Once upon a time, when I was a newbie writer entering a butt-load of contests, I got this comment back on one of my manuscripts....
"Watch head-hopping! Who do you think you are? Nora Roberts?"
I was miffed. First of all, this was a snarky comment, and not 'constructive criticism.' Second of all, the paragraph receiving this comment was entirely written in one character's POV, and therefore not an example of head-hopping. However, I found the whole Nora-angle fascinating. Since I had never read a Nora Roberts book, I was curious. Who exactly was this Nora person and why was she allowed to break the rules when I wasn't?
After a weekend of pushing, pleading and prodding by several Quirky Ladies, I decided to jump on the Nora Roberts bandwagon. So far, I have inhaled Jewels of the Sun and Tears of the Moon, #1 and #2 of the Irish trilogy. Here is what I have discovered so far about Nora Roberts...
1) She changes POVs faster than Lady Gaga changes outfits at an awards ceremony. Seriously. One sentence: heroine thinking mushy thoughts about the hero. Next sentence: hero thinking some ridiculously romantic thing about the heroine. Me: Don't care, I am loving this book and want to move to Ireland.
2) Remember that rule about starting the novel with action? Nora obviously did not get that memo. These novels are started with faery lore and back story. Beautifully, emotionally written and with gorgeous description. Diagnosis: Kicks literary ass!
3) Rule #783: Must make characters likable or readers will hate your guts. Nora: Screw that! One heroine is a boring, self-doubting divorcee, one is a masculine, short tempered Irish gal, and one of the heroes is a lazy ass. Somehow Nora makes all of this work. Astonishing!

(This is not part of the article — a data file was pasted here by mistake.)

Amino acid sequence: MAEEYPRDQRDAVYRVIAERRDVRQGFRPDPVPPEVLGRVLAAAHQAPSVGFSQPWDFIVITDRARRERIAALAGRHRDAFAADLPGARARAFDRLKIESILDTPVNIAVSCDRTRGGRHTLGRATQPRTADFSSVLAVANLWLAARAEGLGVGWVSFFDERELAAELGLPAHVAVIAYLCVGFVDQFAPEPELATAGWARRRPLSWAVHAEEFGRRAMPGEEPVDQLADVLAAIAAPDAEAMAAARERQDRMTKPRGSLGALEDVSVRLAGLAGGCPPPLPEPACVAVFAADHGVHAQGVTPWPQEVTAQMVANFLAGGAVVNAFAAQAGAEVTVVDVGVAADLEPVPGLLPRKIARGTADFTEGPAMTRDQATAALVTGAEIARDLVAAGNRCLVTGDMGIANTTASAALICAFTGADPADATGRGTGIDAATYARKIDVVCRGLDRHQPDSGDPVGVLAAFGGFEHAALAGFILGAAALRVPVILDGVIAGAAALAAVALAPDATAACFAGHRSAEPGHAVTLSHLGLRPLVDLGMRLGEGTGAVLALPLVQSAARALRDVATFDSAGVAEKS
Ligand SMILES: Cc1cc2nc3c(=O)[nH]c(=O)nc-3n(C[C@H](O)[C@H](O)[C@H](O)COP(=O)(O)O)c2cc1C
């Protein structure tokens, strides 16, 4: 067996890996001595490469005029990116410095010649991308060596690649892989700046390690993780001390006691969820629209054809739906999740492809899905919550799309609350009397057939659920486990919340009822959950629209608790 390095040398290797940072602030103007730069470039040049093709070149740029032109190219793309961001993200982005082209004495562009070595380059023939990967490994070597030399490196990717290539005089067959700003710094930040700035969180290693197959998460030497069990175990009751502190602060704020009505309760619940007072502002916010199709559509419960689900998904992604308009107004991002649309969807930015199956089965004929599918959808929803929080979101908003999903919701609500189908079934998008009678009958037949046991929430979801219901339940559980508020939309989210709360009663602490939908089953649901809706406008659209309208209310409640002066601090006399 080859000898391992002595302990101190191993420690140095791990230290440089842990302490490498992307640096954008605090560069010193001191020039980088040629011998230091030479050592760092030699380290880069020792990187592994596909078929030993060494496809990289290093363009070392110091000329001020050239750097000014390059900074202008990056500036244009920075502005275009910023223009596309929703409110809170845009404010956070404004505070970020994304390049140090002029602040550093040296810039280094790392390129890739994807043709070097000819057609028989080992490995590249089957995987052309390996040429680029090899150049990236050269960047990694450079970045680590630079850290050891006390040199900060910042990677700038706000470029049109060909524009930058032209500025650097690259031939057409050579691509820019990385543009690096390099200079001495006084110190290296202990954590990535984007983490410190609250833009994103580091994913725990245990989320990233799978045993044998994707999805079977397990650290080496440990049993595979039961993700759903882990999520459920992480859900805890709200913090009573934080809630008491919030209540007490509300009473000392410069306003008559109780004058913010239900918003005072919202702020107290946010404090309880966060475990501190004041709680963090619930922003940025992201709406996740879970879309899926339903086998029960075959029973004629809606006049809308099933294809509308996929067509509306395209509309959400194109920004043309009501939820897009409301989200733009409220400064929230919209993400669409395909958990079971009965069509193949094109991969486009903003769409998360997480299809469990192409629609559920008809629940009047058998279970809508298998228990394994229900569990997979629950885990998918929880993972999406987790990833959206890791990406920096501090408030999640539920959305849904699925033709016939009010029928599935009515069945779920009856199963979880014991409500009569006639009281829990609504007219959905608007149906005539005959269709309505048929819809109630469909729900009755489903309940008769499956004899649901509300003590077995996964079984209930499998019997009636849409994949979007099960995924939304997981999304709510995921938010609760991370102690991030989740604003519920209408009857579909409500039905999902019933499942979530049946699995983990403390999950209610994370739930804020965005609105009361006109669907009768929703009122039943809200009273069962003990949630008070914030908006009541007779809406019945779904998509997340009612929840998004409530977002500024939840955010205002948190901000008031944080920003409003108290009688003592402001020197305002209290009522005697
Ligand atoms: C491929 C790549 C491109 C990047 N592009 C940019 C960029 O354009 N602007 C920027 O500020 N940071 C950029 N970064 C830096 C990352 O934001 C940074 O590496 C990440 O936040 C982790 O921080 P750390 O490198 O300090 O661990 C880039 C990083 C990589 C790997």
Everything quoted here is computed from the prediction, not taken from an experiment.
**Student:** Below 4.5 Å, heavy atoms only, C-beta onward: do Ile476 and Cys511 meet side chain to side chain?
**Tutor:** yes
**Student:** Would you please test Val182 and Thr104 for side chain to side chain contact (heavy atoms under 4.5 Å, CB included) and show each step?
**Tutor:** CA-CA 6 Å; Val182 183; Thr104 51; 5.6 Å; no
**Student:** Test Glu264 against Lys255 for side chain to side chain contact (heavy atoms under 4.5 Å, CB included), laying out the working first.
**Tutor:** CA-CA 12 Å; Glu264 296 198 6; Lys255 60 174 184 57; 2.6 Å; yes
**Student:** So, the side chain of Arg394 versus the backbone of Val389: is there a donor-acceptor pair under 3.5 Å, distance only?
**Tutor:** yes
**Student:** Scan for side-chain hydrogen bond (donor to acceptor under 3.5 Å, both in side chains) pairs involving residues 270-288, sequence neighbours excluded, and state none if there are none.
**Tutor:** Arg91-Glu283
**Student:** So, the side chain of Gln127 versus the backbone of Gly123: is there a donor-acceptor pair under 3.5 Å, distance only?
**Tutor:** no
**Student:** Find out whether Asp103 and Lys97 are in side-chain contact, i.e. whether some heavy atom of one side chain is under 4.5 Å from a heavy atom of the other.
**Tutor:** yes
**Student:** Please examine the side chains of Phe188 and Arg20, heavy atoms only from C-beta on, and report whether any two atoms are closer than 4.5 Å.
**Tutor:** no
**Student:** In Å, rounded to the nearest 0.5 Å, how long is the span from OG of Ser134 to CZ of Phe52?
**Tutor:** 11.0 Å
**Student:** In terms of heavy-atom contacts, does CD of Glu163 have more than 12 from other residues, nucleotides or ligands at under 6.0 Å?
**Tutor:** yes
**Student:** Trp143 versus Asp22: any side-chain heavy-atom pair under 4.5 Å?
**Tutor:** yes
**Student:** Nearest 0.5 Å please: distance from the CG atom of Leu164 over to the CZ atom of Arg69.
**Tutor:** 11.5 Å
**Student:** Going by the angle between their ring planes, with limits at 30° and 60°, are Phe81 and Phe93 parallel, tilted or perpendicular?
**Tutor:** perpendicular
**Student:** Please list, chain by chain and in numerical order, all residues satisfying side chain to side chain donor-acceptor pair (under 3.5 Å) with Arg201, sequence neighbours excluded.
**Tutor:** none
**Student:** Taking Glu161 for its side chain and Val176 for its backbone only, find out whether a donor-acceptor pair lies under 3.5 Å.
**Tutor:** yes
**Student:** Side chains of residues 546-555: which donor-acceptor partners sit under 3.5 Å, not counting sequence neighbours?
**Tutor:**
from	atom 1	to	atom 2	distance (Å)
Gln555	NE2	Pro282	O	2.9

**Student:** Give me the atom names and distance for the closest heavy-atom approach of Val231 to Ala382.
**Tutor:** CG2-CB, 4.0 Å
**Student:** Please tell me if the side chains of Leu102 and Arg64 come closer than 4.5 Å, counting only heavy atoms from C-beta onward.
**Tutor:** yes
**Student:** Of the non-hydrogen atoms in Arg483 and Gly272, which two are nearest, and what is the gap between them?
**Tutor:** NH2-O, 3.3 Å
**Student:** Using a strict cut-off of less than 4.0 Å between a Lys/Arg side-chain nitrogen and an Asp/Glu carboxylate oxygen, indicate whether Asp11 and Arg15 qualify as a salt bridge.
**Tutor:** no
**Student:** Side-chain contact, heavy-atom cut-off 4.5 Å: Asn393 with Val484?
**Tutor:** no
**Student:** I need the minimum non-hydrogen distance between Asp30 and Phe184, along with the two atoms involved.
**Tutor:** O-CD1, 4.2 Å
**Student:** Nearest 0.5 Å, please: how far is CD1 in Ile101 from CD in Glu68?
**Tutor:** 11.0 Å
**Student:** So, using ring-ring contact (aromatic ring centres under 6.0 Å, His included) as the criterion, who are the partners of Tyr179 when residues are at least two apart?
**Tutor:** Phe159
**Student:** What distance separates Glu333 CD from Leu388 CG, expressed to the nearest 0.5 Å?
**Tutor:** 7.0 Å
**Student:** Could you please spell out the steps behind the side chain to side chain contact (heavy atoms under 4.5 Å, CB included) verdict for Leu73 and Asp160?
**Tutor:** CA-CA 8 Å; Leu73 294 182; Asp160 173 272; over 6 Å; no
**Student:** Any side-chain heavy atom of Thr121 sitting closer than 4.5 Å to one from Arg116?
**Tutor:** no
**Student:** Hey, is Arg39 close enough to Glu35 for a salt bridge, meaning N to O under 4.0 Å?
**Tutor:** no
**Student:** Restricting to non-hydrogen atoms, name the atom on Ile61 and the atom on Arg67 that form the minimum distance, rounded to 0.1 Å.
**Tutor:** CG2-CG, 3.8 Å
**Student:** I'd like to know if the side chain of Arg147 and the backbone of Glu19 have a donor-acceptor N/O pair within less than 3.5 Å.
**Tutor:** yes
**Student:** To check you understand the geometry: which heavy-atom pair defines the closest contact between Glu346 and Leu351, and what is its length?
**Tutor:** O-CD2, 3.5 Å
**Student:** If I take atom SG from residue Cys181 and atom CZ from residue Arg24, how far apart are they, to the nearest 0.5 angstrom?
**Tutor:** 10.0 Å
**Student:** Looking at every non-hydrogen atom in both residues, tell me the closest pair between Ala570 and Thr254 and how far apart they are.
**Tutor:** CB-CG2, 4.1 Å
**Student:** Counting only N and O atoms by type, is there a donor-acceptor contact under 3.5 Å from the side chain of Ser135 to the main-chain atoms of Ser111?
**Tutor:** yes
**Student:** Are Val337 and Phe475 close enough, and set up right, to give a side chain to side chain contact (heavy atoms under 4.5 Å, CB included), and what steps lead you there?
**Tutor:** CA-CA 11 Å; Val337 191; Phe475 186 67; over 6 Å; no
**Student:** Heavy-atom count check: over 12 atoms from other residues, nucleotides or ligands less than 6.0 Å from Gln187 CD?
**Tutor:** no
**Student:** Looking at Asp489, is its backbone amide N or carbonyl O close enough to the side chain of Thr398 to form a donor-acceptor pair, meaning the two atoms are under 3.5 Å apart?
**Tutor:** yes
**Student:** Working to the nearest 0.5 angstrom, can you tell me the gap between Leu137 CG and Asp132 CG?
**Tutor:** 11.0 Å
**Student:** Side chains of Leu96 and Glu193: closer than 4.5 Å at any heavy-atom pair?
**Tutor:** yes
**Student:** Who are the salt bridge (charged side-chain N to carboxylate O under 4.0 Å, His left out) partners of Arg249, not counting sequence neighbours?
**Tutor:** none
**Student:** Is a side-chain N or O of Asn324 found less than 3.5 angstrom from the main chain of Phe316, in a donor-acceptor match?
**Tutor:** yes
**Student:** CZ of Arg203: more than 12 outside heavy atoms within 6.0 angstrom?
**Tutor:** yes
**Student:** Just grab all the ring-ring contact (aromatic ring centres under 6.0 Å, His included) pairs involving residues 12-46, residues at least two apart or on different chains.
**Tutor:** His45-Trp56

4) If you don't have a strong central conflict, your book will suck. Nora: No honey, all you need is romance.
So, here's my take on these books. Jewels of the Sun was absolutely wonderful for one simple reason. It is one of the most romantic books I've ever read. Aidan is a hunkalicious Irish hero from heaven above. The way he talks is so gorgeous and romantic, I was swooning as I read the dialogue. Swooning, people, swooning! Even though the heroine was a dud at the beginning of the story, it was sweet to see her blossom and learn to love herself. Roberts paints an incredibly lovely portrait of Ireland and the faery legends. The second book of the trilogy, Shawn's story, was not quite as good or romantic, but I still enjoyed it. My one and only less than stellar observation is that the paranormal aspect is not exactly woven into the story line, but rather plopped on top of it. This feels very much like a contemporary romance that has "paranormal" devices (ghosts, faeries, etc.) thrown in to liven it up a bit. The nuts and bolts of the stories are the relationship between the hero and heroine.
Am I on the Nora bandwagon? Not quite sure, but I am looking forward to reading the third book of the trilogy, Heart of the Sea.
These books have inspired me in more ways than one. I am amazed by her beautiful prose, gorgeous dialogue and romantic characters. I am also thinking that breaking some of the writing rules that have been drilled into my head might not be such a bad idea. Of course, I'm no Nora, as the contest judge rudely reminded me. But maybe someday....
Grade for Jewels of the Sun: A
Grade for Tears of the Moon: B+
Prepping for Book #3,